Even so, DeVos urged Tennessee lawmakers to pass vouchers during her first visit to the state last month. “Too many students today … are stuck in schools that are not working for them,” she told reporters. (The U.S. Department of Education cannot mandate voucher programs, but could offer incentives to states to pass them.)

Vouchers have passed three times in Tennessee’s Senate, only to stall each time in the House. Proponents had thought that limiting vouchers to Memphis would garner the legislative support needed this year, but the Kelsey-Brooks bill didn’t sit well in the city that would be most impacted. Opposition swelled among county commissioners, local legislators, and numerous school boards across Greater Memphis.

During discussions Monday with Shelby County lawmakers, Bartlett Superintendent David Stephens said vouchers would be a blow to districts already unsteady from years of reform efforts.

“Any time we take dollars out of public schools, we’re hurting public schools,” Stephens told Chalkbeat later. “We don’t need to do anything to hurt or cut funding there. When we talk in Shelby County about school choice, we have the municipal districts, charter schools, the county school system. That’s choice.”

Rep. Antonio Parkinson, a Memphis Democrat, said opposition from the Bartlett district appeared to carry more weight with Kelsey than did Shelby County Schools, which has publically been on the record against the legislation from the start.

“Challenges (that Stephens) talked about were challenges we’ve been screaming about from SCS’ standpoint for years,” Parkinson said.

Rep. Bill Dunn, a Knoxville Republican who has championed vouchers for years, said he’ll be disappointed if a bill doesn’t come up for a vote in 2018. “The whole reason for vouchers is to give a chance to these kids who are doomed unless they get in a different educational environment,” he said.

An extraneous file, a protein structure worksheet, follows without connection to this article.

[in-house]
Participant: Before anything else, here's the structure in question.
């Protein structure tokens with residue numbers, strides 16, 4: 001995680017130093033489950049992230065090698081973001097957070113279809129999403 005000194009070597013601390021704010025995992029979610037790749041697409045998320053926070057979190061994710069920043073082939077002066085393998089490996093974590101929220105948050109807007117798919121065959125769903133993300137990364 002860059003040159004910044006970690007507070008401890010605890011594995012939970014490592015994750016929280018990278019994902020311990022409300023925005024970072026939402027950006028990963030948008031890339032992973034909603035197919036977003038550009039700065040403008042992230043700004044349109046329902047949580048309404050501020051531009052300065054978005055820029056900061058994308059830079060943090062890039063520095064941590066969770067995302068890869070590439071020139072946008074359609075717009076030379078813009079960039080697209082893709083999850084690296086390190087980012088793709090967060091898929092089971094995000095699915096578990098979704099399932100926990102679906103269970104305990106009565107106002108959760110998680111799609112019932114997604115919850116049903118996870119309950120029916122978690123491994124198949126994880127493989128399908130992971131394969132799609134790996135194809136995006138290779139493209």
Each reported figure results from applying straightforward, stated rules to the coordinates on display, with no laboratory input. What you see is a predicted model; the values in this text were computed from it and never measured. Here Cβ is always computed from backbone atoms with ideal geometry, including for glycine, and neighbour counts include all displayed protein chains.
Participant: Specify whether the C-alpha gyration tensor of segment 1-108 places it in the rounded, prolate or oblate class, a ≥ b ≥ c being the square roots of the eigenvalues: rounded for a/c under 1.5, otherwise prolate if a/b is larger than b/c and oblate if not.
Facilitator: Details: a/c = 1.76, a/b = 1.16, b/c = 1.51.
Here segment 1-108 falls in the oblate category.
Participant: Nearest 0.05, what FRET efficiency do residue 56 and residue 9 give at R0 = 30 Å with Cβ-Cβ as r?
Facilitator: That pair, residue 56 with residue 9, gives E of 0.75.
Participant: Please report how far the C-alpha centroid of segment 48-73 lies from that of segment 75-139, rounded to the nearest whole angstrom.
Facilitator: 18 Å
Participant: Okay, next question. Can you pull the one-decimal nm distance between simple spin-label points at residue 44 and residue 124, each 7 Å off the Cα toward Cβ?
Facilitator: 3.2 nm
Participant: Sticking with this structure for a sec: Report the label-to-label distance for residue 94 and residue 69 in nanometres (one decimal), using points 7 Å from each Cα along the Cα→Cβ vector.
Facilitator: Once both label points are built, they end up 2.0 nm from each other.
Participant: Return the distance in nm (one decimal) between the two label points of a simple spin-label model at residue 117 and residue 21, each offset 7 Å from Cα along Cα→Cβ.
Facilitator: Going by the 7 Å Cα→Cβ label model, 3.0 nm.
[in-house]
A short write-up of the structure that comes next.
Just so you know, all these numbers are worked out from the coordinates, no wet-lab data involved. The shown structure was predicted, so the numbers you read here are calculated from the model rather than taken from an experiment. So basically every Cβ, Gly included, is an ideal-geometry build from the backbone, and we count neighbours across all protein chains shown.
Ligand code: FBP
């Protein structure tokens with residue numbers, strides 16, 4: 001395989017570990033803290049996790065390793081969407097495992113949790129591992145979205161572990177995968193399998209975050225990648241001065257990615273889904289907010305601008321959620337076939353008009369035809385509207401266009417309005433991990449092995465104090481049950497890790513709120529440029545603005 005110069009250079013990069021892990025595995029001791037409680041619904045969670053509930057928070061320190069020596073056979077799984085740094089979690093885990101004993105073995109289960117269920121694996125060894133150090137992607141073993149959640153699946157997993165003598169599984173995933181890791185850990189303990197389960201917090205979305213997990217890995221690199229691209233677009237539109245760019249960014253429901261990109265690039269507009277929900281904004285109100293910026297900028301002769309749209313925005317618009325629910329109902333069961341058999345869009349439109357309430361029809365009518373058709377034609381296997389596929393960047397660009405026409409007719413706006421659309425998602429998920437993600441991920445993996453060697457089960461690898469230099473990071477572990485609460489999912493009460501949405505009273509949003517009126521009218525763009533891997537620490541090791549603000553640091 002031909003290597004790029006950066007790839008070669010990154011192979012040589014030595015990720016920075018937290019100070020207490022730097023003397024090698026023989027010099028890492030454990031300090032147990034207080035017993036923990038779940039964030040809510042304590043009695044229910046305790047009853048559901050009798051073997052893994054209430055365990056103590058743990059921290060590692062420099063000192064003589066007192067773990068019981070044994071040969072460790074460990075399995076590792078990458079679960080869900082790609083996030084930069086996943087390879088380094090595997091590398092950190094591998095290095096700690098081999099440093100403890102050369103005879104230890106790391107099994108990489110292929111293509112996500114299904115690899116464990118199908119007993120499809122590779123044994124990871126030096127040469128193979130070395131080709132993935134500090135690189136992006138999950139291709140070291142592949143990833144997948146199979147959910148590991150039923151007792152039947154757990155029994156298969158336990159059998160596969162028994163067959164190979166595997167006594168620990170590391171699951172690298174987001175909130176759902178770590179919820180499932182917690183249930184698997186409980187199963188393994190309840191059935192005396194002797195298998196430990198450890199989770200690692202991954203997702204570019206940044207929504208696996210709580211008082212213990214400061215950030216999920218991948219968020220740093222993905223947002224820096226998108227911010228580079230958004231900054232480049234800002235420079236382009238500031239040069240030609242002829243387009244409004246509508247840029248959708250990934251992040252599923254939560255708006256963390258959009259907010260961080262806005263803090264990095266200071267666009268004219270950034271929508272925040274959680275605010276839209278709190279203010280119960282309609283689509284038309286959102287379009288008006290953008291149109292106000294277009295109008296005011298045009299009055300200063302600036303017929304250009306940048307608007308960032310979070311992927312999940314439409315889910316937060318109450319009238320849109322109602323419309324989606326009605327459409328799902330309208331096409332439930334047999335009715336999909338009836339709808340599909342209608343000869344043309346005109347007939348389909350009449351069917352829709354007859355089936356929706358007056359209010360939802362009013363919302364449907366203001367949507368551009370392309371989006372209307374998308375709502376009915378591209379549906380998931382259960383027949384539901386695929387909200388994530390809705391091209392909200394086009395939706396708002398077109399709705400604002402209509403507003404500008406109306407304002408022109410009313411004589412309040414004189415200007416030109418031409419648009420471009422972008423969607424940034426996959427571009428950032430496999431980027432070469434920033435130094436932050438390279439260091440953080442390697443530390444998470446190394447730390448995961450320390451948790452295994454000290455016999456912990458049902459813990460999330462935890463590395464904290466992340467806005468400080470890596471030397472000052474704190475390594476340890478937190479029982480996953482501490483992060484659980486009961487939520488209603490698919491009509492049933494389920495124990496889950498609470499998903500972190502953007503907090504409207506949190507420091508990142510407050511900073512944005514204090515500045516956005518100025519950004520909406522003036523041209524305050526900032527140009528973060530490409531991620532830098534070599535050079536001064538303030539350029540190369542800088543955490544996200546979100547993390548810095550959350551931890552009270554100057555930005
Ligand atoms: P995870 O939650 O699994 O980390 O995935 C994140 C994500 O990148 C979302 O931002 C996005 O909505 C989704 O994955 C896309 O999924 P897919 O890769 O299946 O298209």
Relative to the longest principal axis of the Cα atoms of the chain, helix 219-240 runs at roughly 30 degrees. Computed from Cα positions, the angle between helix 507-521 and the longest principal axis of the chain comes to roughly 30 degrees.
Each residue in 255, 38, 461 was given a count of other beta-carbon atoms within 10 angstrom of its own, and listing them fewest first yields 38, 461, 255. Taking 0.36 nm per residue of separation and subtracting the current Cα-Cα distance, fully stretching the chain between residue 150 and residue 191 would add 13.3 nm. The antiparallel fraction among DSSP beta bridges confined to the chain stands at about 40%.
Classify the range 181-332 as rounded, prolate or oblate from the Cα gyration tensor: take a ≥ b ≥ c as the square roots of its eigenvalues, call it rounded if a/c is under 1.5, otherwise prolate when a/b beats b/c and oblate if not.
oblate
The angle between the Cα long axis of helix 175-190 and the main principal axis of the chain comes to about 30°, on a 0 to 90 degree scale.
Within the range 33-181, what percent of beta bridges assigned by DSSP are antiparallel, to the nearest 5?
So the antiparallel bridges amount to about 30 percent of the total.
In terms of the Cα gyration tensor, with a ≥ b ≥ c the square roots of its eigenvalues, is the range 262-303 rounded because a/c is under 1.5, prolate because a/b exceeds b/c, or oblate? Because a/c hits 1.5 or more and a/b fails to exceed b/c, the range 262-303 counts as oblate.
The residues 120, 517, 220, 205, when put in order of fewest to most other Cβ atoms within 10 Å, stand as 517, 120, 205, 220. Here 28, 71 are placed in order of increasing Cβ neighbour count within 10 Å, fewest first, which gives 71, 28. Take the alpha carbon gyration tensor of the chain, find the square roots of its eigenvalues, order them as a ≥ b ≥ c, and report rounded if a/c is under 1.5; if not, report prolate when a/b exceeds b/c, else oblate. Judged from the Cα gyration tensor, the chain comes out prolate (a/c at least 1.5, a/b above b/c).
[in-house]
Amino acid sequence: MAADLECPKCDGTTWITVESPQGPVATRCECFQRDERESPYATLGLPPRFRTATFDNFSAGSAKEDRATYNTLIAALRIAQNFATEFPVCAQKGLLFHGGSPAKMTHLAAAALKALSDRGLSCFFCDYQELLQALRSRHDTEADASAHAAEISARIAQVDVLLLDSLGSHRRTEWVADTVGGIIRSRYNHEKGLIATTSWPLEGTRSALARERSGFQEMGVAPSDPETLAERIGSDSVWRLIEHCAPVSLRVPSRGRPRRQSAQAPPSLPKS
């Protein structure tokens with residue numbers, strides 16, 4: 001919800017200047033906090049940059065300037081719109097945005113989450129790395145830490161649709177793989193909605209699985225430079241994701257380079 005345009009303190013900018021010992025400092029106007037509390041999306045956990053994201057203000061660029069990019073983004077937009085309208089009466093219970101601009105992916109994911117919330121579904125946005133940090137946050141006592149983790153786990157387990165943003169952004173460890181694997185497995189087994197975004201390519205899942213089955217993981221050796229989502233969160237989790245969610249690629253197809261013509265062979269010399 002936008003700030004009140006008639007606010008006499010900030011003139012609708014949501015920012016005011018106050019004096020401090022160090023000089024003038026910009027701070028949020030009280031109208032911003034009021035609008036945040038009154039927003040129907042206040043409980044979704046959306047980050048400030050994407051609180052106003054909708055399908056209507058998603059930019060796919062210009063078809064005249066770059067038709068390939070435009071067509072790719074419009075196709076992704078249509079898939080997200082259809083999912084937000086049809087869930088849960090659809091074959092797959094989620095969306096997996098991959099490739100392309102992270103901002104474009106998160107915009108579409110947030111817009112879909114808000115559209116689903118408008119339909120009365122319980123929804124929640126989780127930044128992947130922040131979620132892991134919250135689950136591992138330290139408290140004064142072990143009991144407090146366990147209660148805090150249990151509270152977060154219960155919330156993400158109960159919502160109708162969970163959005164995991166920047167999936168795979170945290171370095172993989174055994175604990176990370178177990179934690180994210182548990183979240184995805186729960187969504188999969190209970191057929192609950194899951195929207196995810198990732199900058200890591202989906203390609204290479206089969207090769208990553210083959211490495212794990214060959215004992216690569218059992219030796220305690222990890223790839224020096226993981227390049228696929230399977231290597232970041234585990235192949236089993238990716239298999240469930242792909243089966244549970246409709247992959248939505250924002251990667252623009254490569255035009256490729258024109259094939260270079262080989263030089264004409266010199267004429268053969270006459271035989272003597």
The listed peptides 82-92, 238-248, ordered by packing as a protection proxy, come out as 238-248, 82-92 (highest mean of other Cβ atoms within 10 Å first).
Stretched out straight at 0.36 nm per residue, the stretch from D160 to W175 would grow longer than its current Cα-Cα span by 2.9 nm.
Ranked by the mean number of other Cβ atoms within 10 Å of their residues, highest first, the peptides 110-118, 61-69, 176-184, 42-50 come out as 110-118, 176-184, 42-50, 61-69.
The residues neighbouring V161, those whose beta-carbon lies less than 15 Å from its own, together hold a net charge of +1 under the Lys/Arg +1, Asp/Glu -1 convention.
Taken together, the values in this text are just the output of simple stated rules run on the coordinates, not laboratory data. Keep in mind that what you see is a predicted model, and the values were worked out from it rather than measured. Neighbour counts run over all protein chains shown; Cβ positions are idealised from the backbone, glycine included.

Tennessee’s legislature reconvenes on Jan. 9.

Chalkbeat reporter Caroline Bauman contributed to this report.

She's here!

Betsy DeVos tours school during her first Tennessee visit as education chief

PHOTO: Marta W. Aldrich
Secretary of Education Betsy DeVos talks with students during a 2017 tour of career and technical education programs at Oakland High School in Murfreesboro, Tennessee.

In her first official stop in Tennessee as secretary of education, Betsy DeVos praised career and technical education at a traditional public school, but also put in a good word for vouchers in a state that has consistently eschewed them.

DeVos visited Oakland High School in Murfreesboro, a fast-growing university town south of Nashville, and spoke with students taking classes in health sciences, automotive technology and mechatronics.

PHOTO: Marta W. Aldrich

She lauded the school for “addressing individual students’ needs and aptitudes and helping them to prepare for their adulthood very early on” — in partnership with regional industries that are heavy on healthcare and automobile production.

But even as she praised instruction happening at Oakland, DeVos encouraged Tennessee lawmakers to approve a voucher program. Vouchers would allow parents to use public funding to send their children to private schools, despite recent studies showing that student achievement dropped, at least initially, for students making that leap in Louisiana, Indiana, Ohio and Washington, D.C.